An uncommon crisis hurts the Common Man

  • Common Man server Kate Ross (left) and bartender Alexis Ross stand inside the front entrance of the Concord restaurant on Tuesday. Ross and Martine were there to bring out takeout orders to people in the parking lot. GEOFF FORESTER / Monitor staff

  • Alex Ray, owner of the Common Man restaurants around the state, puts up a sign earlier this year after the outbreak of COVID-19 pandemic. Courtesy of the Common Man

  • The Common Man restaurant on Water Street in Concord next to exit 13 on Tuesday, October 13, 2020. GEOFF FORESTER—Monitor staff

Monitor columnist
Published: 10/13/2020 4:25:37 PM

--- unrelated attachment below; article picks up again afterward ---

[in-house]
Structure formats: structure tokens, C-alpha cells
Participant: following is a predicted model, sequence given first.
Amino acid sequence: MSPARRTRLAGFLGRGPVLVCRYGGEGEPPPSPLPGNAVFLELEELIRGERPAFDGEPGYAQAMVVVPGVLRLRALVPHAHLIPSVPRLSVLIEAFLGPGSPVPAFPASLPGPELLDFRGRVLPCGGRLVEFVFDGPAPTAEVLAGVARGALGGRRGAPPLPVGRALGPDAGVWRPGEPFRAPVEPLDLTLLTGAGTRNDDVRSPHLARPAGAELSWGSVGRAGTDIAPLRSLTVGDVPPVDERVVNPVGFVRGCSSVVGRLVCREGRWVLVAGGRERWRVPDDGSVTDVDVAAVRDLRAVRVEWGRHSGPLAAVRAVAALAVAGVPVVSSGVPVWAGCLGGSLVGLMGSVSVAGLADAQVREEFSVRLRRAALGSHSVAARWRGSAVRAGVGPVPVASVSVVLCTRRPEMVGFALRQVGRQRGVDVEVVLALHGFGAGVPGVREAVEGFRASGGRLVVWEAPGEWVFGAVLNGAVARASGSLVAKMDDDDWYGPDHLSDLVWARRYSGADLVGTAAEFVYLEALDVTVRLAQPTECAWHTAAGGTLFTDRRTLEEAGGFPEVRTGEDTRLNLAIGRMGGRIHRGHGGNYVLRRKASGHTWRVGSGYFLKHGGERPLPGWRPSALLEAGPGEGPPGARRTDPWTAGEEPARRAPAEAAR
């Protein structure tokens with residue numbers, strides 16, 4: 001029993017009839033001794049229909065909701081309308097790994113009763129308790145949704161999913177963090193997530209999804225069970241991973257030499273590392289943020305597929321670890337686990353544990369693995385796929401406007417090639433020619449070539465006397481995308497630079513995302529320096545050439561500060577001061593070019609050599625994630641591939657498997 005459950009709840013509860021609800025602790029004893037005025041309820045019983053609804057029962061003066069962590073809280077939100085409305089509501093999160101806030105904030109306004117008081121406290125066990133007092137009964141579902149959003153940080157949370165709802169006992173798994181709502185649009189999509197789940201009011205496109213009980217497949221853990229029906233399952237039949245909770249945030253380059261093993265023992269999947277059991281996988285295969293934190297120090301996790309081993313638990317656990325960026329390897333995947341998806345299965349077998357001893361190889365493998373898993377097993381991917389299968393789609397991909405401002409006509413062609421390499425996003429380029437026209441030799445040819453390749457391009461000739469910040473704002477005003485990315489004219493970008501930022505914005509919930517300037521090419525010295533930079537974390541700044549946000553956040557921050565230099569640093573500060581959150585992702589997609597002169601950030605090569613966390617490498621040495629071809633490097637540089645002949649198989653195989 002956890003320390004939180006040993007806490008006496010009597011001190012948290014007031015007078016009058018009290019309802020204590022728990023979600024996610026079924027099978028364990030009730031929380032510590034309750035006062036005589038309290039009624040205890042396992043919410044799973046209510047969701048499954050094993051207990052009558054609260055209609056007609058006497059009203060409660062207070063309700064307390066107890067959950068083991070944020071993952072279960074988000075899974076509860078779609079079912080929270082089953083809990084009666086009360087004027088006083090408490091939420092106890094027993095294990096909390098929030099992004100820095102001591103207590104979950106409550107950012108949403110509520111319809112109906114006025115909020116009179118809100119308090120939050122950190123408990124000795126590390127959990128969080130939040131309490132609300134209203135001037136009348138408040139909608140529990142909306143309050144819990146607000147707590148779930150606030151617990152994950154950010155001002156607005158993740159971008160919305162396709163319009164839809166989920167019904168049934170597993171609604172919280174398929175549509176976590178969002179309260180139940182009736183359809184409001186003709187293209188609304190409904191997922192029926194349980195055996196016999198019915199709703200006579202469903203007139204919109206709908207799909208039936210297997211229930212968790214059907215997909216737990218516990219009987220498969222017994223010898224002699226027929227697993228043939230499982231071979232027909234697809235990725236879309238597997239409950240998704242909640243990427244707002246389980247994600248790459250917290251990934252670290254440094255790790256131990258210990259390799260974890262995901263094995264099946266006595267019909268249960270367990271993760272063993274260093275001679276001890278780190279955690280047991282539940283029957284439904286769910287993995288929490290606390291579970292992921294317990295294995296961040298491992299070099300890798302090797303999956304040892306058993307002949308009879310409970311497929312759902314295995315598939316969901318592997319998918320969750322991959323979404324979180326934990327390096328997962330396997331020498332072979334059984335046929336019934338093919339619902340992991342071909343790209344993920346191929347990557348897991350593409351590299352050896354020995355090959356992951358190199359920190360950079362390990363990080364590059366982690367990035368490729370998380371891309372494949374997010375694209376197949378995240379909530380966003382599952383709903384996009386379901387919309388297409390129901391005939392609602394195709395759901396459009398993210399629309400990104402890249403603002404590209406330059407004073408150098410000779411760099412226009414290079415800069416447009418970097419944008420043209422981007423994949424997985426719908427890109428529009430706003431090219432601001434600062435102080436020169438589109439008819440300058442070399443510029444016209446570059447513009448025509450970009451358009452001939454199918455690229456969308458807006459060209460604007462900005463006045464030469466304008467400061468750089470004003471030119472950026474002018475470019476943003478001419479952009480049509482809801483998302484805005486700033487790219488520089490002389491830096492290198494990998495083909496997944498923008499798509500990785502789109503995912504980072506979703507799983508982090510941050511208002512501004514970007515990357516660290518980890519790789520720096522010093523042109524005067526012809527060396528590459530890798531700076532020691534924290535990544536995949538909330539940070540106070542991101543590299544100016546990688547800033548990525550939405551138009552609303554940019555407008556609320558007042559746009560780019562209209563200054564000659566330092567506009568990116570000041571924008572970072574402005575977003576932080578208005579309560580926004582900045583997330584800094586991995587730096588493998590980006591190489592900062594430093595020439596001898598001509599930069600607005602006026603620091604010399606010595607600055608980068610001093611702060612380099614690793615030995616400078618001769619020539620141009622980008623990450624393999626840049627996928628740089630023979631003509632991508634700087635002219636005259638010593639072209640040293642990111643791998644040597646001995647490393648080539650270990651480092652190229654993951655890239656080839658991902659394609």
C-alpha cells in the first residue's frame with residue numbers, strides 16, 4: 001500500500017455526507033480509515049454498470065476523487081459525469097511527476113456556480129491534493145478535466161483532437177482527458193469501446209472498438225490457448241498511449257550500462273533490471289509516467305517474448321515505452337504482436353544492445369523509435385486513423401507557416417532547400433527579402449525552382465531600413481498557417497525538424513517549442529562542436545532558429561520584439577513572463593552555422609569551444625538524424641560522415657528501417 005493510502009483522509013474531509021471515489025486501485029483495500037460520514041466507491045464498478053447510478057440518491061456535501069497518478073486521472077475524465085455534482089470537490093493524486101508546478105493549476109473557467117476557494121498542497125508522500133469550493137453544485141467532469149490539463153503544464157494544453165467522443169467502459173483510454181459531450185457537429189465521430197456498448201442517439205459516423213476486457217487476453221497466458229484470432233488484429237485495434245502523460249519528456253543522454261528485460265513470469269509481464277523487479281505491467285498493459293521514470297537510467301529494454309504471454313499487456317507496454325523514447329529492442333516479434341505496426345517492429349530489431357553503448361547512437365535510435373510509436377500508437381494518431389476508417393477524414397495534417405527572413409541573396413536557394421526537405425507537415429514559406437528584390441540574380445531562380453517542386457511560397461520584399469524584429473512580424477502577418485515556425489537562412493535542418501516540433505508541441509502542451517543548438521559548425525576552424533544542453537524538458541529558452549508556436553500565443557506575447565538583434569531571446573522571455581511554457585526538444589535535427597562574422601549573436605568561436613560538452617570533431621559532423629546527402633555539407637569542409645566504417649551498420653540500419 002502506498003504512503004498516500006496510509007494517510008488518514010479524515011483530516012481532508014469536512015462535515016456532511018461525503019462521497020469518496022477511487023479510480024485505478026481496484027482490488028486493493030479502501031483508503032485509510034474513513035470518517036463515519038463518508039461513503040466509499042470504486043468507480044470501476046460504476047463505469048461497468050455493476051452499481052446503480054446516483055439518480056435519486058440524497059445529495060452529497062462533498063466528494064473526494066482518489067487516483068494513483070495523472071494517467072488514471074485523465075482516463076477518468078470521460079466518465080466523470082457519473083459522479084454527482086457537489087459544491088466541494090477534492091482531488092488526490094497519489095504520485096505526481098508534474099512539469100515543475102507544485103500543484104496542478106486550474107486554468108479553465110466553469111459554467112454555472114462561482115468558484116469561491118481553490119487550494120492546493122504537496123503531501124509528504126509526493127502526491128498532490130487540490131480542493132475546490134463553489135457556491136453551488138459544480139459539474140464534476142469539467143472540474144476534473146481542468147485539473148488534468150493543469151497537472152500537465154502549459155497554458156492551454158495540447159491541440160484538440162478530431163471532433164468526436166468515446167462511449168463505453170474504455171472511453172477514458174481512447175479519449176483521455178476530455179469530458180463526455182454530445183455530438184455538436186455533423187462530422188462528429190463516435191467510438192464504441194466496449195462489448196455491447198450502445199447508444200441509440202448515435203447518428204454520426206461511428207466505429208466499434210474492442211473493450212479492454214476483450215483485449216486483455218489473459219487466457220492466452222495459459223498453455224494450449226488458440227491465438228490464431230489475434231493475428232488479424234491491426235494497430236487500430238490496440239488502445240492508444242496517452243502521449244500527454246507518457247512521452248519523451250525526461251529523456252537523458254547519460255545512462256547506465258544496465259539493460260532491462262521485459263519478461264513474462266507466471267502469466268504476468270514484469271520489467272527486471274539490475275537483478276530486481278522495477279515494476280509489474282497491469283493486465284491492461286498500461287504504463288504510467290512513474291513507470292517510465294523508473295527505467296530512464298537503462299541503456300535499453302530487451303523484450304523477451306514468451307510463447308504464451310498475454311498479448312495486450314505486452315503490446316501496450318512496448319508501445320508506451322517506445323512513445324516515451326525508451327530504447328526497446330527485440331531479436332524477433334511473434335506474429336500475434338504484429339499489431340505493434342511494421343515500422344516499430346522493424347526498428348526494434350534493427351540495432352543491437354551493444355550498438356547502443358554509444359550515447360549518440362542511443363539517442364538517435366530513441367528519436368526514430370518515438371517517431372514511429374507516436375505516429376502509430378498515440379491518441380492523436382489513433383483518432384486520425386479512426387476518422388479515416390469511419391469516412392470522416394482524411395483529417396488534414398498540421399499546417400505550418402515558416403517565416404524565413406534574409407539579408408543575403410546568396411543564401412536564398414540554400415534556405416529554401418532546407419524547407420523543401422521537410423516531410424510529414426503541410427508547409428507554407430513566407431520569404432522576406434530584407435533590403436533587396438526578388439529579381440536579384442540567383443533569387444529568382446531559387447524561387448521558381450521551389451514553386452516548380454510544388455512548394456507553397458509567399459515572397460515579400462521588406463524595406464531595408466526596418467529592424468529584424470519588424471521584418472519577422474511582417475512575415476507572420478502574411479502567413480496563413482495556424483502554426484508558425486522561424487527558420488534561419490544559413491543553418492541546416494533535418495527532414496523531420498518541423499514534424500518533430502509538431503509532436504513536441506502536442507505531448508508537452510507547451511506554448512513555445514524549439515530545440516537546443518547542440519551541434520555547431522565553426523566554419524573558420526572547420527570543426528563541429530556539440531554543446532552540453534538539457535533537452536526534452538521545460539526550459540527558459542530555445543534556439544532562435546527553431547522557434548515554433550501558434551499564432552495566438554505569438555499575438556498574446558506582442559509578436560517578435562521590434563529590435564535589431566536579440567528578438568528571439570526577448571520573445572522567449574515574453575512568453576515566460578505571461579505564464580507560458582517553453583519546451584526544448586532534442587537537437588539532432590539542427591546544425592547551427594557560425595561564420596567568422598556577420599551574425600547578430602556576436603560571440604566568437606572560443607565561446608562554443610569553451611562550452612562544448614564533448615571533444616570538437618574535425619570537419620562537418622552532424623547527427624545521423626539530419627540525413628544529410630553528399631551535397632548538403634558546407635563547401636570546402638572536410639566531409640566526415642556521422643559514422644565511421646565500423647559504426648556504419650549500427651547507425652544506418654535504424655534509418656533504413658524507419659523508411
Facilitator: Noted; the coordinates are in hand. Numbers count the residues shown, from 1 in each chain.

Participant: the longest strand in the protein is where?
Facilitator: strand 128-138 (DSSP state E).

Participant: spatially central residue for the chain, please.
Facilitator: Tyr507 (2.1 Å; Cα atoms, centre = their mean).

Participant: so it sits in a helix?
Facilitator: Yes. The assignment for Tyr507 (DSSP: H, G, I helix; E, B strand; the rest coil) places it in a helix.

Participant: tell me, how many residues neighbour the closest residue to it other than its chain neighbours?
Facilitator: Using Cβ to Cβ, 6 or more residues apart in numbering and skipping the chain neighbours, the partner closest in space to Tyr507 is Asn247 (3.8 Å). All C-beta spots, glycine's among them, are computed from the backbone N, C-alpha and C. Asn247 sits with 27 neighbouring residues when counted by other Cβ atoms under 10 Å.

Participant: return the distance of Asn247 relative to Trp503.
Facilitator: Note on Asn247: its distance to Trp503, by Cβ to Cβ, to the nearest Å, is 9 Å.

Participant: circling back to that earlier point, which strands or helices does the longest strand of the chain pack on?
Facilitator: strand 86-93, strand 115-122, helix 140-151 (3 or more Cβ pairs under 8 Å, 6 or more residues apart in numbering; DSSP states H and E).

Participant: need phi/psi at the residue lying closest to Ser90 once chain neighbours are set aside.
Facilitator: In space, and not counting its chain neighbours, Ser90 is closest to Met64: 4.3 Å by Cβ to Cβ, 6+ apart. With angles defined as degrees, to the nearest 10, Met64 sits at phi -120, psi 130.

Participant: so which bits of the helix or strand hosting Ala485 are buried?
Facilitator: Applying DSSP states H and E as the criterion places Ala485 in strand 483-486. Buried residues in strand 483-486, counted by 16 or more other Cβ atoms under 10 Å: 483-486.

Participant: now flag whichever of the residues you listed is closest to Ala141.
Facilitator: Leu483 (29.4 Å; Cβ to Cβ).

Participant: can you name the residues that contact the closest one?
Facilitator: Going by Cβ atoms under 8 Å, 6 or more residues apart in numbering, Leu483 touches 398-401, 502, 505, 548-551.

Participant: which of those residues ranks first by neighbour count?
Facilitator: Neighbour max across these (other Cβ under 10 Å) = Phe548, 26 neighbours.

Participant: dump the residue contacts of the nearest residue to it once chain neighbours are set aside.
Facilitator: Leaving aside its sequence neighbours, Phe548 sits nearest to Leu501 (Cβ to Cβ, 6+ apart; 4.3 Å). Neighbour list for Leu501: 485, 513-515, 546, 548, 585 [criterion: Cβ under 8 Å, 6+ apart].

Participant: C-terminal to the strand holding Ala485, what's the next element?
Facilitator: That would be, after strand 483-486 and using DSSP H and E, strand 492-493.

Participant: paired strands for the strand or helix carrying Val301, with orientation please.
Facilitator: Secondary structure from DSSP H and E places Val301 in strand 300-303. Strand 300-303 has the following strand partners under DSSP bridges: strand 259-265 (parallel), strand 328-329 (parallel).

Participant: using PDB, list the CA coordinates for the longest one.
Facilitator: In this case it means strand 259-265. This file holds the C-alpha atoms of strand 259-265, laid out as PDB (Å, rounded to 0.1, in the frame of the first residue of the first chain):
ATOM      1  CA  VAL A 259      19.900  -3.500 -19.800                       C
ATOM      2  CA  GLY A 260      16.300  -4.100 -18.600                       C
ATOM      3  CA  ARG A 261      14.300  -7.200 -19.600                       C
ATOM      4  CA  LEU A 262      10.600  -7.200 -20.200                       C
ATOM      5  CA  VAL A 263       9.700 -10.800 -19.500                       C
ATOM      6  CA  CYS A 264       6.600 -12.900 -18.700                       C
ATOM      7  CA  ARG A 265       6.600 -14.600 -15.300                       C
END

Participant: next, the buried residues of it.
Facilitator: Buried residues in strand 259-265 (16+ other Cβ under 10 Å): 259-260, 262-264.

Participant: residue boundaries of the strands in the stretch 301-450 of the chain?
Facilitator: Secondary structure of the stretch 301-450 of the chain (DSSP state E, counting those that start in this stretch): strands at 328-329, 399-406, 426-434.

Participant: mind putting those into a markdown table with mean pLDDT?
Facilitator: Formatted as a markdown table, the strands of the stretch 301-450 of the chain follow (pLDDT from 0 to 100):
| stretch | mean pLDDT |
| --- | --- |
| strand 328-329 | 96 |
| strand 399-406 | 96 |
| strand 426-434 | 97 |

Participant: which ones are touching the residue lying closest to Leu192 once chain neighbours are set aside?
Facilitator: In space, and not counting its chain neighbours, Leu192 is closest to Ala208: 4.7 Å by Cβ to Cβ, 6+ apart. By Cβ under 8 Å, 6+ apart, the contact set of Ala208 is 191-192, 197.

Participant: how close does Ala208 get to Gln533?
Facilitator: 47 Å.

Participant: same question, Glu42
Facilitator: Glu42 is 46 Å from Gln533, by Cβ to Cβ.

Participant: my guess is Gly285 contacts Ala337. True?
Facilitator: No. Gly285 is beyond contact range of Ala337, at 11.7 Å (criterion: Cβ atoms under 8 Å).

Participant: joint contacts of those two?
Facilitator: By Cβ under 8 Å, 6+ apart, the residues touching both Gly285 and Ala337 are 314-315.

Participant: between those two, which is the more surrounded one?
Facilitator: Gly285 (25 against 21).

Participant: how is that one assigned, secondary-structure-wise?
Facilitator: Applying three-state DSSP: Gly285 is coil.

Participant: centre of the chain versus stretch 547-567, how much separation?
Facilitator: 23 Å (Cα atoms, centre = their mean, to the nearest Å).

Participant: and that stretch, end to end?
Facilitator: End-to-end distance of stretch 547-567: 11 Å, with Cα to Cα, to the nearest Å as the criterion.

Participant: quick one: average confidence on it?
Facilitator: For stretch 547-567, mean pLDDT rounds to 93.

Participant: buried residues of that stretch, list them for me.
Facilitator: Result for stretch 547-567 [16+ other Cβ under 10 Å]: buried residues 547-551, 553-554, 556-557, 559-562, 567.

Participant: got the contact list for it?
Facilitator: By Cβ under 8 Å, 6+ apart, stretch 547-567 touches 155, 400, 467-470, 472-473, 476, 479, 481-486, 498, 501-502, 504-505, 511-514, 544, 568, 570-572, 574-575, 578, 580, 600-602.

These days, after seven months, we’re still waiting.

Waiting to see family and friends, feeling safe to hug and shake hands. Waiting to fly, attend sporting events, see a movie or a show, attend classes, eat out.

Alex Ray, the pioneering restaurateur whose Common Man empire is a Granite State institution, is waiting for all that, plus more: He needs the test results on 10 employees, checked for COVID-19 last weekend after working closely with a staff member who said she’d tested positive.

Then, and only then, can Ray even think about reopening the doors for in-house dining at the Common Man Restaurant here in Concord, one of 15 scattered across the state. Its take-out business remains open.

The rest is a waiting game.